After crossing several stunningly scenic brooks that can only be described as ‘babbling’, we emerged from the shady grove into an entirely new ecosystem. The open redwood cathedral gave way to a more densely packed brush, finally opening on a sandy ridgeline. Looking back over the treetops we had just climbed out of, we had an expansive view over the Santa Cruz Mountains and down to the rugged Northern California Coast.
The 650b Quincy comes with 2” WTB Ranger Tires, which were key as we left the rock ledge which the fire road was cut into and begin navigating sandy gravel climbs. The extra grip helped pull me up the 3,800 feet of elevation in our itinerary. By the time we climbed up to the viewpoint perched 1,500 ft above the Pacific coast, I was grateful to all the thought that had gone into engineering this svelte carbon frame down to just 18 lbs. I find that extra weight was better dedicated to carrying some trail beers to enjoy at the summit!
After an incredibly satisfying (although slightly squashed) half sandwich, we began the well-earned descent. The chaparral dropped away beneath us, giving way to sandy switchbacks bordered by rolling hills and farmland. This quick turns allowed me to test out the nimble steering and stable wheelbase of the Quincy. I could comfortably fly into the corners with only a light tap on the SRAM Force hydraulic brakes that are spec’d on the Quincy bikes come with. By the time we reached the bottom, I was smiling so wide a literally had a bug flatten against my teeth on the rapid descent.
We rolled into the quaint seaside ‘Pie Ranch’ – a local legend among snack aficionados cycling Highway 1. Their chocolate cream pie almost demands its own review. Refueled, we started heading south on Highway 1, wedged between pastoral farmland and a steep bluff above the Pacific. The views were so magical you really could imagine Pies grazing on the wildflower-studded slopes. Between the pronounced knobs on the tires and Juliana’s dirt rag pedigree, the Quincy does feel a bit out of place on the road. The ride was comfortable as we wound through pastures and crushed the climb Swanton Road, but it didn’t handle quite as well on the paved descent. We followed the country road through a small valley carved by a creek surveyed by a rather contented looking herd of cows and soon looped back to meet up with Highway 1. A few miles later, we arrived at Cemitas 1 – a seaside taco joint where our ride (not to mention dinner! – was waiting.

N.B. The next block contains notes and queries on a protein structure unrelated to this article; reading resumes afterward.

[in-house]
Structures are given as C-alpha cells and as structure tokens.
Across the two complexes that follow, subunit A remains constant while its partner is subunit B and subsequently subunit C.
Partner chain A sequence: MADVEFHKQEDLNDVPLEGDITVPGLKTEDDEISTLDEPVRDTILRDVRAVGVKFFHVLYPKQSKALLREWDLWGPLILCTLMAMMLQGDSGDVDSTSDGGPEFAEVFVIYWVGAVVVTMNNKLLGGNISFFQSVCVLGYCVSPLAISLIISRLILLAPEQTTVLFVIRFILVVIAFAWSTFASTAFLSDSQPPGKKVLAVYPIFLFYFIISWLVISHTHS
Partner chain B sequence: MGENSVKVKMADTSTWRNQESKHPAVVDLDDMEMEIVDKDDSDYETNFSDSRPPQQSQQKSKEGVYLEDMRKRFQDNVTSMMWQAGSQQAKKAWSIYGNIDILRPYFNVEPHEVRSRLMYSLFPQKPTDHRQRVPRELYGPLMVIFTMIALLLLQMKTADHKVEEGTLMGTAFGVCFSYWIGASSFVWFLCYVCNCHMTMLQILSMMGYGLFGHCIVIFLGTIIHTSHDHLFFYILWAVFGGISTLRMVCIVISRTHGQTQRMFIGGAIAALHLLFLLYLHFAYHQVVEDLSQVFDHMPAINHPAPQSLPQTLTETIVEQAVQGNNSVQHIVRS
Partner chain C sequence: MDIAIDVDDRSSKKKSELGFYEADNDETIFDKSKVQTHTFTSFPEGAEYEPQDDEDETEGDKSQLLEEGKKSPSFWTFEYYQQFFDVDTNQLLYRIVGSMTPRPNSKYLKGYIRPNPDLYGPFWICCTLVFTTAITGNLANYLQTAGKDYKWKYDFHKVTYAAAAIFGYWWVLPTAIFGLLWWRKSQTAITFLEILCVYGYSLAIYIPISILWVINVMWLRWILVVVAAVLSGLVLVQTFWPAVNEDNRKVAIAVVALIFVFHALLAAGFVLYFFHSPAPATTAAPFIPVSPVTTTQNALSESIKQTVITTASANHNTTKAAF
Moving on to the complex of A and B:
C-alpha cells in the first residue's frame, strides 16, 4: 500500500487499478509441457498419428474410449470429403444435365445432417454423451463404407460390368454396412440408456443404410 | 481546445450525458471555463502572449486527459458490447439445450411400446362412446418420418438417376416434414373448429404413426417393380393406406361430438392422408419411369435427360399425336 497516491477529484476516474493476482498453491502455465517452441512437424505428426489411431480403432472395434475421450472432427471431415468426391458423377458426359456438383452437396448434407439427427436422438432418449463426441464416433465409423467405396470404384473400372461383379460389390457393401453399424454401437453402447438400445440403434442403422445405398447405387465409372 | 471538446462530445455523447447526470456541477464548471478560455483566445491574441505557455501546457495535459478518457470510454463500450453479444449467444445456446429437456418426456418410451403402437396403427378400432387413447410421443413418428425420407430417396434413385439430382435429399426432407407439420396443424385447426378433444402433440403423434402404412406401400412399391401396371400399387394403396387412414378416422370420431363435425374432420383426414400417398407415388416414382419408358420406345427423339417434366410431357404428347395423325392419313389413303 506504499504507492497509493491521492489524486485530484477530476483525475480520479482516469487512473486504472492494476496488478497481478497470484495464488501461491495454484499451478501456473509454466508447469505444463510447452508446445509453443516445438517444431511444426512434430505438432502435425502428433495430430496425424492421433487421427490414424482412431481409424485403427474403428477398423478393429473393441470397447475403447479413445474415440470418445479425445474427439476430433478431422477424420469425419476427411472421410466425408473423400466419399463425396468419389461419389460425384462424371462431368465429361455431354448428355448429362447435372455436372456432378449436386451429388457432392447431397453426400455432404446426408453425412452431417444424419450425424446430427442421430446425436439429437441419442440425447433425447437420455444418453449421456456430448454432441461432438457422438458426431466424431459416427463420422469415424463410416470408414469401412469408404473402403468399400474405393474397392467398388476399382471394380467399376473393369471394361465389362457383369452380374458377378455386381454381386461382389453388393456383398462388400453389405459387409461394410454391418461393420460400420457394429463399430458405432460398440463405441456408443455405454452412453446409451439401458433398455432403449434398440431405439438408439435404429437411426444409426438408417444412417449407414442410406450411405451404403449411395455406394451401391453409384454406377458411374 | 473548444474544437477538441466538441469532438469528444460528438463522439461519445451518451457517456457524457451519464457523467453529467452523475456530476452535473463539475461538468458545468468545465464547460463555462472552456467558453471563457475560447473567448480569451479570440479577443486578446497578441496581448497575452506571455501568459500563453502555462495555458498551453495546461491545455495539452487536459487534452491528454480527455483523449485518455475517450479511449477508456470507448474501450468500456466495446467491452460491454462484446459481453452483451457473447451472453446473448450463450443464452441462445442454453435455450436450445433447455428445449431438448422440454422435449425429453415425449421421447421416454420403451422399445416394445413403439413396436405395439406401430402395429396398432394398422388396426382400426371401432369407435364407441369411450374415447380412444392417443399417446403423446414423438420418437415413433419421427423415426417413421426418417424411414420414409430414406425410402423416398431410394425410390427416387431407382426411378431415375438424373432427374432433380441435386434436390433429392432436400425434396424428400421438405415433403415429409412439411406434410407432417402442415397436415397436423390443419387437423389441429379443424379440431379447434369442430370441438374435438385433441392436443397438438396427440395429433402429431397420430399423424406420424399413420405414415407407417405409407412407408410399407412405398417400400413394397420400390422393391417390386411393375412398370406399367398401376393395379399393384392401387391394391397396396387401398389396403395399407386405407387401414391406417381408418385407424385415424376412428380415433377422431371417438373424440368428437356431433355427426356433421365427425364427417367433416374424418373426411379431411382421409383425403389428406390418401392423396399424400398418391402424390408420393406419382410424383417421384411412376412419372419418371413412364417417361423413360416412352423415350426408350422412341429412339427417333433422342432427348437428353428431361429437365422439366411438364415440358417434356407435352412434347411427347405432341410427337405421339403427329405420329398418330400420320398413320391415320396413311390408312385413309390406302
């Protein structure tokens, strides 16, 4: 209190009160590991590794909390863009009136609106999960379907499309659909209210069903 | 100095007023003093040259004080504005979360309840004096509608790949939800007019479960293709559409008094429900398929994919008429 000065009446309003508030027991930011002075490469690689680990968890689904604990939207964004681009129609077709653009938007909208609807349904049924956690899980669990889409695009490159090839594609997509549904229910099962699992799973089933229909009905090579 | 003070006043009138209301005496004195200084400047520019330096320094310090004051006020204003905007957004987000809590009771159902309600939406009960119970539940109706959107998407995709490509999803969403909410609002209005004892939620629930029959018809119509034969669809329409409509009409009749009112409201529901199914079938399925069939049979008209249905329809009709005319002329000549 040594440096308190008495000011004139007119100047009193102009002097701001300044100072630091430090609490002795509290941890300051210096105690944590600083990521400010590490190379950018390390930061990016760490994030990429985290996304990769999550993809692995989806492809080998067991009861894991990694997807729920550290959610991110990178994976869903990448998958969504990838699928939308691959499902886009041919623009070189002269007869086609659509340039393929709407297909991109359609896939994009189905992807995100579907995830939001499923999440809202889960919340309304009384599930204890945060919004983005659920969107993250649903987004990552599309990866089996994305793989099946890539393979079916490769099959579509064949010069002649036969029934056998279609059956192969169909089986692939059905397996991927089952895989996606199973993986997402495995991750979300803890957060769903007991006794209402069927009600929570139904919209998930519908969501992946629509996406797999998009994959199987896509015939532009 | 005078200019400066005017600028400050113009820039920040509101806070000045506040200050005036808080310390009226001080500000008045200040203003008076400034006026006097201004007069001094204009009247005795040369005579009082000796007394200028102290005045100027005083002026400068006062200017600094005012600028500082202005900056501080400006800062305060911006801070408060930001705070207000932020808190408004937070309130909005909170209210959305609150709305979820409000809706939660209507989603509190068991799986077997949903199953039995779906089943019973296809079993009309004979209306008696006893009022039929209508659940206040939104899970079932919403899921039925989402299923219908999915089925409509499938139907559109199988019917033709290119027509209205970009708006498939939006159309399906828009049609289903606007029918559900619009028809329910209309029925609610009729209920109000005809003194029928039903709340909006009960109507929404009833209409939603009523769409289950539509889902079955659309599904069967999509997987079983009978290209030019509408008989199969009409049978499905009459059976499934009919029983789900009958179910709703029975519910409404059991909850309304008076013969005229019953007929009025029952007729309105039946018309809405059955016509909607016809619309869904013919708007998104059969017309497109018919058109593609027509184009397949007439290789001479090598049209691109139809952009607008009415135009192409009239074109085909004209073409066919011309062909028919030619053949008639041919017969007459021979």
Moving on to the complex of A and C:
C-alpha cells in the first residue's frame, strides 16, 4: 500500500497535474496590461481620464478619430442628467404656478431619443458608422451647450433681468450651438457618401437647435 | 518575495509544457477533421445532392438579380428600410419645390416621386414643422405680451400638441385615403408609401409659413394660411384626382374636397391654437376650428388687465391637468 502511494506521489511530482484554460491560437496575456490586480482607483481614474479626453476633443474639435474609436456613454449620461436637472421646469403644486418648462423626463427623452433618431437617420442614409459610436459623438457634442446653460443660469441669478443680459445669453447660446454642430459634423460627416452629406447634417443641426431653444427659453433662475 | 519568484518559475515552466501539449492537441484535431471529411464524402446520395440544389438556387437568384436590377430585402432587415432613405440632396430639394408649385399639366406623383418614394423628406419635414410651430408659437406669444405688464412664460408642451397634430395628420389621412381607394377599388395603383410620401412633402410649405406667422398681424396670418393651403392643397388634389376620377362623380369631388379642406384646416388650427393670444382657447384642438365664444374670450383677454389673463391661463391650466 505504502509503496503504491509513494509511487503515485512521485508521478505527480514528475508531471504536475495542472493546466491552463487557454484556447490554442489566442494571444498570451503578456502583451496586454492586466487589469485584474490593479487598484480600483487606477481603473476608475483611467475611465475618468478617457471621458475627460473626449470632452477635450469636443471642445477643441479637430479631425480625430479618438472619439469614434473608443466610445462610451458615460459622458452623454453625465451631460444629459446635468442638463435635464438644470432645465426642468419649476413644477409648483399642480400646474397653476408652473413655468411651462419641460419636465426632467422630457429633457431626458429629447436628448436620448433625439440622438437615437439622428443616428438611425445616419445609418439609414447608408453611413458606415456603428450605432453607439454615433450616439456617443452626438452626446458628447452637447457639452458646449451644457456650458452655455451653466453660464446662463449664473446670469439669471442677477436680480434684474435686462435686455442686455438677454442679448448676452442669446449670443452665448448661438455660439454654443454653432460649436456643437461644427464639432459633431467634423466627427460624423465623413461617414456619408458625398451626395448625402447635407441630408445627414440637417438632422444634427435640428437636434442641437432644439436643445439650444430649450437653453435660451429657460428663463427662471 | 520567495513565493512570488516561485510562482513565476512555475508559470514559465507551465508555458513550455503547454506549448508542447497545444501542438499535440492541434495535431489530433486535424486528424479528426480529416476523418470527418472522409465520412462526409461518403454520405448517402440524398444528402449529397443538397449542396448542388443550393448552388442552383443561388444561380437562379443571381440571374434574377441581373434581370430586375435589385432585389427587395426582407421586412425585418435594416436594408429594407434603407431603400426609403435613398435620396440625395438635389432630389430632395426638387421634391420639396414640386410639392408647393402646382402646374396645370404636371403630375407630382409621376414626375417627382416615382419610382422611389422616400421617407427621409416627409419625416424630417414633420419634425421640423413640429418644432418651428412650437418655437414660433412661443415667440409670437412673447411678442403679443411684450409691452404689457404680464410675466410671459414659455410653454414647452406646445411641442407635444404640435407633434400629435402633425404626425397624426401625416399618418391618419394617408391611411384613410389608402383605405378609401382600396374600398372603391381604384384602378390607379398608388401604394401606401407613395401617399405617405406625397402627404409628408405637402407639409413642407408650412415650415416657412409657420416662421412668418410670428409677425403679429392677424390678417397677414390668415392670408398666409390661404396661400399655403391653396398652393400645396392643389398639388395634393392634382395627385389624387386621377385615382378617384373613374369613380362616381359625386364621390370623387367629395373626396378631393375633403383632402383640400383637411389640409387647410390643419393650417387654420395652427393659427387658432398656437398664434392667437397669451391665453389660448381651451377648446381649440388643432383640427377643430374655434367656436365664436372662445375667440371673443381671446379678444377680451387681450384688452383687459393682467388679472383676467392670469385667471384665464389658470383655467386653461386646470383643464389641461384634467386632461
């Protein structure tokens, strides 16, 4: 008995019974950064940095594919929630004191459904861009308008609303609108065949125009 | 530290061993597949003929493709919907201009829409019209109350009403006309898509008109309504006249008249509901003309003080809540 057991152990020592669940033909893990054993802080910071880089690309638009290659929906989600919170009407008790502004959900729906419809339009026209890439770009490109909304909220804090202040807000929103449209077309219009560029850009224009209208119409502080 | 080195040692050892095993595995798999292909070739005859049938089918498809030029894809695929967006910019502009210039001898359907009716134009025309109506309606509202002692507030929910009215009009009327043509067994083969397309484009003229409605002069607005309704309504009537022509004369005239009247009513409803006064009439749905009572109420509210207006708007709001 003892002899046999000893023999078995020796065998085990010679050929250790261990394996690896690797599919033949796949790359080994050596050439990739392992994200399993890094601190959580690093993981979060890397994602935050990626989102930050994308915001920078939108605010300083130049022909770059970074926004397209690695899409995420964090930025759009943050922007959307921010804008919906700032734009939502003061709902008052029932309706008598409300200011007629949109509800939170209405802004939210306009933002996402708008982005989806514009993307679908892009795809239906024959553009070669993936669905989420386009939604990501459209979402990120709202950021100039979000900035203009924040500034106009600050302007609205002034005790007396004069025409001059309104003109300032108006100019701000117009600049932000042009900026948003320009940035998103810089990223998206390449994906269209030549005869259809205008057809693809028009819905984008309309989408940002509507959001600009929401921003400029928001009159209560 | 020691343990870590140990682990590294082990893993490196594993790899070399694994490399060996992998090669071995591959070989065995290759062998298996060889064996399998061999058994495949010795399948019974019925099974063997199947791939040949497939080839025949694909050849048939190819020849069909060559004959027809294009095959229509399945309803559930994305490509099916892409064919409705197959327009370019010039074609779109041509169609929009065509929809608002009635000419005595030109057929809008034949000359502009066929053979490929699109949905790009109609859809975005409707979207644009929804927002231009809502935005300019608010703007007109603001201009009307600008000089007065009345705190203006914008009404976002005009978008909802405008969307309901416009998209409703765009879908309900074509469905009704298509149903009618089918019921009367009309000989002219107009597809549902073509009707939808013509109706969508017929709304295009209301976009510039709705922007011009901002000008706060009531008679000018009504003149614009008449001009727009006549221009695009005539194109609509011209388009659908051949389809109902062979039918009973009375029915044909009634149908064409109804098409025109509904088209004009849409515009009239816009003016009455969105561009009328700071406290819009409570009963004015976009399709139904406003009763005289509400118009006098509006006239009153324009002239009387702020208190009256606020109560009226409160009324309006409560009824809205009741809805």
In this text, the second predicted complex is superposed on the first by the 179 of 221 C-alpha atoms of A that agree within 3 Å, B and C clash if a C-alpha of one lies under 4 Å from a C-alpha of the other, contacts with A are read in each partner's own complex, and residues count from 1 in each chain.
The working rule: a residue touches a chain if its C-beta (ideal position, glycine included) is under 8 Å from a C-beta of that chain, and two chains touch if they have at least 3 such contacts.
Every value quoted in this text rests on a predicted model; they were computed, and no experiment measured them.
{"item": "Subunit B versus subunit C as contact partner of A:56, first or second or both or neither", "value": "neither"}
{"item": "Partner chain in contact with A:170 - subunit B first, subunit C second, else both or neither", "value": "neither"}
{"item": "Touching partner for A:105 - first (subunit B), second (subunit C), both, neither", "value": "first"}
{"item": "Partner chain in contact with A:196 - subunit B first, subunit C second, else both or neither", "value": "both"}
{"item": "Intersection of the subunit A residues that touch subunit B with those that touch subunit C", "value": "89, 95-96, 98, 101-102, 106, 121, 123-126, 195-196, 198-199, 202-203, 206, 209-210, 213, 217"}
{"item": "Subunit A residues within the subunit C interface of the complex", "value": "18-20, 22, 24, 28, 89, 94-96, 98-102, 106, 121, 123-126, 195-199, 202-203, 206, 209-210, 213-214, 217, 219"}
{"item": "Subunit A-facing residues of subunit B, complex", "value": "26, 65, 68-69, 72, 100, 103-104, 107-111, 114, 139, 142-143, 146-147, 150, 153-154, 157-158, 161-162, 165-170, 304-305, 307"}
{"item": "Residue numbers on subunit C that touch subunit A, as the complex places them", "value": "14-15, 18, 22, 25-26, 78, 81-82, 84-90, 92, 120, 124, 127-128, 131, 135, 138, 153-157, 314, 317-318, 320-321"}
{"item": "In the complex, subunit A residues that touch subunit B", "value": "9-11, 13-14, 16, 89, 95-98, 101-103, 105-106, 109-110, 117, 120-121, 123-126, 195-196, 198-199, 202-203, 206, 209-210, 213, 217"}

After a long day on a new bike, I was amazingly free of aches and pains. I have gone through any number of bike fits and component switches to dial in the fit of the bikes in my own stable due to frequent knee and lower back pain. Other than a few adjustments to saddle height, the Quincy fit me amazingly well out of the box. I credit this in part to the gravel specific geometry, but also to the selected components that come standard, which are tailored to women.
I discussed this well-curated selection with Juliana’s brand manager, Katie Zaffke, over another round of micheladas. They selected narrower 38cm wide Easton ‘flare’ handlebars to fit the average woman’s shoulder width and an Ergon SR10 Women’s saddle, both of which I found comfortable and competent over rough roads and rocky terrain.
Some companies also adjust the geometry of the frame for their women’s bikes, the most common approach being to shorten the top tube. I have a slightly long torso, so this approach has never worked for me, and I often feel cramped and hunched over on women’s specific frames.
Juliana has eschewed this approach for selecting geometry and components that they feel will work for the largest range of body types, which luckily includes mine. This description would not be complete without taking a moment to gush over the paint job, which I find elegant and distinctive, without being girly. There is no trace of the industry standard ‘shrink it and pink it’ approach to making women’s specific cycling gear.
The route that the crew at Juliana Bikes curated was truly stellar. I encourage you to check it out no matter what bike you are riding. Just make sure to throw on some beefy tires! View the route on RideWithGPS.
Becca Book (@beccabook) is a bike tourist, fixie fool, and cyclocross aficionado based in Seattle, Washington. In her free time (or lack thereof) she also builds buildings and designs cities.